Image source: T-Mobile.
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The latest Un-carrier move by T-Mobile (NASDAQ: TMUS) introduced a new unlimited data plan for its customers.Sprint (NYSE: S) quickly copied T-Mobile with a new unlimited plan of its own.
The larger carriers, AT&T (NYSE: T) and Verizon (NYSE: VZ), are finding it much more difficult to respond to the Un-carrier's latest move than its previous efforts. With consumers' growing appetite for data, should AT&T and Verizon investors fear an increase in subscribers leaving for T-Mobile?
Dancing around unlimited data
Neither AT&T or Verizon are willing to provide unlimited data to most of their customers. AT&T only offers it to customers that also subscribe to DIRECTV. But both have taken steps (largely due to pressure from T-Mobile) to provide a similar benefit as unlimited data.
AT&T got rid of overage fees for its new Mobile Share Advantage plans this summer,and Verizon provides the "Safety Mode" option on its new plans.Additionally, AT&T copied T-Mobile's Data Stash promotion (Un-carrier 8)and offers rollover data on a month-to-month basis. Both AT&T and Verizon subscribers can now use their data worry free -- which is the main draw of unlimited data plans.
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But there's still a big difference in perception; unlimited is more enticing than picking a data cap you're pretty sure you'll stay under most months. Additionally, the nature of data caps requires customers to make a decision as to which plan to buy. One of the main ideas behind T-Mobile's new unlimited plan is that it's the only plan available on T-Mobile -- no other decisions necessary.
Where unlimited data plans will impact AT&T and Verizon
The main area investors will see the impact of the smaller carriers' unlimited data plans is in gross subscriber additions. Customers are more attracted to "unlimited" than "no overage charges." As a result, more new customers are likely to subscribe to either Sprint or T-Mobile to take advantage of the new unlimited data plans they offer.
At the same time, the factors keeping customers at Verizon and AT&T haven't changed. They still operate the two largest networks with the best nationwide coverage. Perhaps more importantly, they're also in a position to bundle wireline services including home broadband and television, things neither Sprint or T-Mobile offer.
But Verizon has mostly completed its buildout of its FiOS network, and AT&T is no longer expanding its U-Verse business. Instead, the latter is relying on DIRECTV for television and its legacy phone lines for DSL service. Verizon is more focused on digital media. The result is that their wireline customer bases are stagnating, which means they don't present much of an incremental opportunity to grab new customers through bundling.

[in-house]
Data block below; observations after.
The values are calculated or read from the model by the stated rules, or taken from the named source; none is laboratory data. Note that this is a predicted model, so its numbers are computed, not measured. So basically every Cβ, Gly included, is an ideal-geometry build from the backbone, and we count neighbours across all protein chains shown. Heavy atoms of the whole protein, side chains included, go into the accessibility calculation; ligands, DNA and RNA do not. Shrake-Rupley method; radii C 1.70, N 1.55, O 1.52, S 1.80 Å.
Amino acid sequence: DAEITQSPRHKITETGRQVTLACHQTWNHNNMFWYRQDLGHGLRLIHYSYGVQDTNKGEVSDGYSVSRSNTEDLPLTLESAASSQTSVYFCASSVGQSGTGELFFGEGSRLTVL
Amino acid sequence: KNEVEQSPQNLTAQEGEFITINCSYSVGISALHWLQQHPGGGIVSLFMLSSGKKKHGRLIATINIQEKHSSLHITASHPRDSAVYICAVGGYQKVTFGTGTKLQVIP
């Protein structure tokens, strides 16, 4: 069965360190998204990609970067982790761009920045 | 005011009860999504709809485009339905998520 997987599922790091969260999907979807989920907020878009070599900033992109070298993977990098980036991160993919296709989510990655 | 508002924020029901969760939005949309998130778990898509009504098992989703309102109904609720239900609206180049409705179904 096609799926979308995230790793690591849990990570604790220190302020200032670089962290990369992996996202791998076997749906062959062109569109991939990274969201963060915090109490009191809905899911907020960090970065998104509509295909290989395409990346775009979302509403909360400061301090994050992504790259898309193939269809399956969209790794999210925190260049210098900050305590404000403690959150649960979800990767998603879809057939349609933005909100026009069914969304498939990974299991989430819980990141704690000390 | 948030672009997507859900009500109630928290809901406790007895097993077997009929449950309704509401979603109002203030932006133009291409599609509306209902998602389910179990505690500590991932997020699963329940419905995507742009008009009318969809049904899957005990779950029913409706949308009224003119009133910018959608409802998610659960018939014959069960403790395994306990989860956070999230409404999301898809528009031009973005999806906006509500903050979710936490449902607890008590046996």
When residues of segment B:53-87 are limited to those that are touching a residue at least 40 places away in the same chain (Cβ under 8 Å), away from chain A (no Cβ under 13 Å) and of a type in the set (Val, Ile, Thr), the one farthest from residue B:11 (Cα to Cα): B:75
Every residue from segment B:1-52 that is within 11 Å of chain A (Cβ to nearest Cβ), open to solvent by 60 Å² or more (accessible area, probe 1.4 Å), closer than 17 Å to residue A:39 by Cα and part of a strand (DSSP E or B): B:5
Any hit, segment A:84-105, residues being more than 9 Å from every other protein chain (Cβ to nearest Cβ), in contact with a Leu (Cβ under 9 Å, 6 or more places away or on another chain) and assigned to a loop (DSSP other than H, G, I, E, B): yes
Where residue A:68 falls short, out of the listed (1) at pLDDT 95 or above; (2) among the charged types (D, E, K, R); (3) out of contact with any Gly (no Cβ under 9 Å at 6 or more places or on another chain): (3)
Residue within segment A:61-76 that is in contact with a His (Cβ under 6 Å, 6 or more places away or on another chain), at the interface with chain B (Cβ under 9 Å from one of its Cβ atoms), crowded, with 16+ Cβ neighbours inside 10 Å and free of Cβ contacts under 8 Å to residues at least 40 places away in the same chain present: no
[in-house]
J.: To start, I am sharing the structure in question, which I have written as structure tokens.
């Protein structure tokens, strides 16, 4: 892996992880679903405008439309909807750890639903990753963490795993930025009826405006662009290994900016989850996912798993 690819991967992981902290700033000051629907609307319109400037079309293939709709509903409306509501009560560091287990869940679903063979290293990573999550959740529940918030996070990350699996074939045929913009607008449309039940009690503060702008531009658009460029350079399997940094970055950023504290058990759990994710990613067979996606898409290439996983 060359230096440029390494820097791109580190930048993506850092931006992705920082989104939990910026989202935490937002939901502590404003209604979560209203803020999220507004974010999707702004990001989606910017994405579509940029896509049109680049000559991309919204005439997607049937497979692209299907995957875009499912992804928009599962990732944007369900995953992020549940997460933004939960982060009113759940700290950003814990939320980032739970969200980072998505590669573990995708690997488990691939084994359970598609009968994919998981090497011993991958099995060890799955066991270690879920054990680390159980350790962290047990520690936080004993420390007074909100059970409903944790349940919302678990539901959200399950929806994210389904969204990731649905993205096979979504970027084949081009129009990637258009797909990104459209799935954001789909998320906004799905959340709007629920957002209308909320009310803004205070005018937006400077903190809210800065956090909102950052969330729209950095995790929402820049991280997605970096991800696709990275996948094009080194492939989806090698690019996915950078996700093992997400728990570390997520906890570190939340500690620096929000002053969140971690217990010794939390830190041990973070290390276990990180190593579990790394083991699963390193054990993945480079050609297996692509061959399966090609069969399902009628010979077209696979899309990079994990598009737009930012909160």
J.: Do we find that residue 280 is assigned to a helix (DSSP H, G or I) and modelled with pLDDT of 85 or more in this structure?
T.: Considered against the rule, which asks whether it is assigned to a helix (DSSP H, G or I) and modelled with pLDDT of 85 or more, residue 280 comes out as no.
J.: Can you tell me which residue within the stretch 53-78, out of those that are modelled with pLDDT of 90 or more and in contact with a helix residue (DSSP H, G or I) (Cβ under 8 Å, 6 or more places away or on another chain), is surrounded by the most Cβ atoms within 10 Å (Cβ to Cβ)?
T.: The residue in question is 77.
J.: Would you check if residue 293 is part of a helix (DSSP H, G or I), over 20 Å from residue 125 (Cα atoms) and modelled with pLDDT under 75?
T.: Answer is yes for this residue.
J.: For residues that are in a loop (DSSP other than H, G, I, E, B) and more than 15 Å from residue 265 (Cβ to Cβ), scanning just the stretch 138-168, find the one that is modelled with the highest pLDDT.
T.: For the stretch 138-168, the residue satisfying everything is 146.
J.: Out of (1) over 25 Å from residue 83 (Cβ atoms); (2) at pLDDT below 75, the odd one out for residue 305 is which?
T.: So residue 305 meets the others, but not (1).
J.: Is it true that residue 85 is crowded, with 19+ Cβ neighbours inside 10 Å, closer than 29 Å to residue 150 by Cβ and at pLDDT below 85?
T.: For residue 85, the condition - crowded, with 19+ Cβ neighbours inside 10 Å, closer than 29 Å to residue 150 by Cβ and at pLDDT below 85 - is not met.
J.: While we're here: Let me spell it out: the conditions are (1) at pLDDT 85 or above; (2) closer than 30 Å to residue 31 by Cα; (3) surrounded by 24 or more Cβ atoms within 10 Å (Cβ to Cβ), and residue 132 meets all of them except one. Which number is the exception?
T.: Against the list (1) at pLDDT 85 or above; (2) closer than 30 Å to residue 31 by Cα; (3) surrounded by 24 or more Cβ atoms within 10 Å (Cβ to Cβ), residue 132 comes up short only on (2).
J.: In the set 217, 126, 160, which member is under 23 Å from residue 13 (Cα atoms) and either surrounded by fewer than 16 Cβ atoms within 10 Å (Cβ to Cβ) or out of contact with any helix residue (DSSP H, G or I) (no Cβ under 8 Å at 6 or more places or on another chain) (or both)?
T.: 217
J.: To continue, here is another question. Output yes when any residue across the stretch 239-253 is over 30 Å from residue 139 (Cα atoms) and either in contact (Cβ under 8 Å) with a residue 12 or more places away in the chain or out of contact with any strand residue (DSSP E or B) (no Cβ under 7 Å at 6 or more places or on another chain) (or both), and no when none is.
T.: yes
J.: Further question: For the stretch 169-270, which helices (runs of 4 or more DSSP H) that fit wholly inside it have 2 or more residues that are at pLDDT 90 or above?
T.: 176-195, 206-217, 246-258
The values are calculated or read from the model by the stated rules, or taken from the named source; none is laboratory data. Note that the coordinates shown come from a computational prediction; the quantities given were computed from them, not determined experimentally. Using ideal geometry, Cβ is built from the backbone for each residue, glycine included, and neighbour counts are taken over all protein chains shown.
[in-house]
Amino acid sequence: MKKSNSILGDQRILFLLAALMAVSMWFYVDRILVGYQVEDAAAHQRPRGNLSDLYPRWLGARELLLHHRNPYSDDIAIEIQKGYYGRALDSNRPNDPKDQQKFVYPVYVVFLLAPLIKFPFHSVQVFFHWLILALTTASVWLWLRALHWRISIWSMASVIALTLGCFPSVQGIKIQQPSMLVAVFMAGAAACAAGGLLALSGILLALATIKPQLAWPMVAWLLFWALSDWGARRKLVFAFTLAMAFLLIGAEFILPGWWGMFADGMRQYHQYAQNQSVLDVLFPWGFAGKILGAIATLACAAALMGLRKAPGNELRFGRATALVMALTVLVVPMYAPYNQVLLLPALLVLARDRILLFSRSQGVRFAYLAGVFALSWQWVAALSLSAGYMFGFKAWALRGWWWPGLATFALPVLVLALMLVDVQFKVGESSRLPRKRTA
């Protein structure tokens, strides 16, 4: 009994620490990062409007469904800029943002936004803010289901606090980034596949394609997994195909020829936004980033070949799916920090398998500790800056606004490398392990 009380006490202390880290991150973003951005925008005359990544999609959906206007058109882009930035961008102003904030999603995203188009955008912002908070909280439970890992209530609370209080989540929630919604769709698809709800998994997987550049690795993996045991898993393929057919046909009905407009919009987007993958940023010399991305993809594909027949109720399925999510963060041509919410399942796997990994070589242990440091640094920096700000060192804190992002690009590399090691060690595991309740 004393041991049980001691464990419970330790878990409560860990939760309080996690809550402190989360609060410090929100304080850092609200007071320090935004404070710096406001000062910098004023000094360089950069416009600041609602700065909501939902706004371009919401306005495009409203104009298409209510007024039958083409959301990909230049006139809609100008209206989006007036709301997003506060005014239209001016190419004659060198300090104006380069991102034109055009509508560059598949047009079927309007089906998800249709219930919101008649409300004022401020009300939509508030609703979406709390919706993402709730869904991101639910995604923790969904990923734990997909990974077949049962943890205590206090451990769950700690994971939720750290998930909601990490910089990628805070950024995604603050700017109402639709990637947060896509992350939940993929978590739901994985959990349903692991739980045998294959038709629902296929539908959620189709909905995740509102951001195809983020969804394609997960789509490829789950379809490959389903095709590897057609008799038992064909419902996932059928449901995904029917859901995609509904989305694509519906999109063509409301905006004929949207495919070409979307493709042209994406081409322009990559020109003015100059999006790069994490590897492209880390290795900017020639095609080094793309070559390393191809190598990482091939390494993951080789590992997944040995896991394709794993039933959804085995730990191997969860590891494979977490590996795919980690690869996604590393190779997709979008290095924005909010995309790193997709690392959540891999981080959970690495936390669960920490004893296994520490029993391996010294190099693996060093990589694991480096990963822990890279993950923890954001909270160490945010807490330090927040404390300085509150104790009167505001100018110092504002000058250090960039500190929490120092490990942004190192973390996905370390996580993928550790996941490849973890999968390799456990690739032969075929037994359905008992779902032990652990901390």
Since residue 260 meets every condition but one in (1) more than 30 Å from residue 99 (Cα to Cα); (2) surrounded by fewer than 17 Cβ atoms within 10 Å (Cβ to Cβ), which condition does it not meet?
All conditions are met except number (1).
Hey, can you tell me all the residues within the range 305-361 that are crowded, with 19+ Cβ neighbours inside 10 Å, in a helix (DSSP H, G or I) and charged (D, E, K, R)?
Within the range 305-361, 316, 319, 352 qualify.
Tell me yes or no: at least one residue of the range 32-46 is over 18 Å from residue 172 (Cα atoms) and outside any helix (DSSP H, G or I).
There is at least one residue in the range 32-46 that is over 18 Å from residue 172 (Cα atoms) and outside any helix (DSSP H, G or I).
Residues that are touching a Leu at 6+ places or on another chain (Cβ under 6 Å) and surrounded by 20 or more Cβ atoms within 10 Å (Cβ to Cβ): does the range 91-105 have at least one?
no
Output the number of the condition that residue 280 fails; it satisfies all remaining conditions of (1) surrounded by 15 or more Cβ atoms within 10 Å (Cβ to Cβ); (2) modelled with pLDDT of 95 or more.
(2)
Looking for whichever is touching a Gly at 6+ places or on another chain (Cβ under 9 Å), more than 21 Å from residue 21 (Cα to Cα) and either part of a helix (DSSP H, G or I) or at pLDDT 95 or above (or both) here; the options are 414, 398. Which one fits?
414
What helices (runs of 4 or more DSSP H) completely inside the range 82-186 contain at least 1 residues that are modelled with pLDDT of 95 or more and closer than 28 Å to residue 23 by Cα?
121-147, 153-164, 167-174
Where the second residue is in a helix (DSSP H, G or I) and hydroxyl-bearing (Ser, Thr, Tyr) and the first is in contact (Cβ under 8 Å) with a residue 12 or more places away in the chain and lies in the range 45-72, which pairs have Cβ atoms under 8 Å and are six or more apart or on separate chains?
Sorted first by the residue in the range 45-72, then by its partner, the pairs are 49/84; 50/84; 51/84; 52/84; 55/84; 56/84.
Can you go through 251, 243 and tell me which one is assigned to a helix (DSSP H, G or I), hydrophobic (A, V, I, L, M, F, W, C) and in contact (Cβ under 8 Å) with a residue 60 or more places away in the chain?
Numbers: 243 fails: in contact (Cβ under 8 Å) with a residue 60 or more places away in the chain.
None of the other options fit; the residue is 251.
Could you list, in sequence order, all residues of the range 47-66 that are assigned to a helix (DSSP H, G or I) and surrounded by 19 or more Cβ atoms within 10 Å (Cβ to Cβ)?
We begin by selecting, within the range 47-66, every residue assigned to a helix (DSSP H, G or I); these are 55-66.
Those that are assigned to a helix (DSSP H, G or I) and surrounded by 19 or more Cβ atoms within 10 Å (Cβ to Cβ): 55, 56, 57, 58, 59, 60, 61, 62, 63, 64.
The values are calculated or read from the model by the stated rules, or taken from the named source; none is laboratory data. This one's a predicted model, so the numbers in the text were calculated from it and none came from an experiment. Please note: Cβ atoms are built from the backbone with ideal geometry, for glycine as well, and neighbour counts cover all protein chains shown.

With the market for wireless service becoming increasingly saturated, AT&T and Verizon may find it difficult to bring in new customers. At the same time, they should be able to maintain their industry-leading churn rates.
Will Sprint and T-Mobile improve their churn?
Every new customer that joins T-Mobile is now required to sign up for its unlimited data plan. That could play a big role in reducing the carrier's churn rate because it's relatively difficult for customers to accept moving from an unlimited data plan to a data cap with one of the bigger carriers. Sprint may experience similar results with its new unlimited plan.
Taking a larger share of gross additions and reducing churn means that the smaller carriers are in line to see much better net addition numbers. Analysts at UBS revised their third-quarter net additions outlook for each carrier since T-Mobile and Sprint started offering their new plans; the smaller carriers were revised up and the larger carriers revised down.
While AT&T and Verizon shouldn't see much impact on their abilities to hold onto existing customers, they should see fewer gross additions, especially as churn rates fall at T-Mobile and Sprint.
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Adam Levy owns shares of Verizon Communications. The Motley Fool recommends T-Mobile US and Verizon Communications. Try any of our Foolish newsletter services free for 30 days. We Fools may not all hold the same opinions, but we all believe that considering a diverse range of insights makes us better investors. The Motley Fool has a disclosure policy.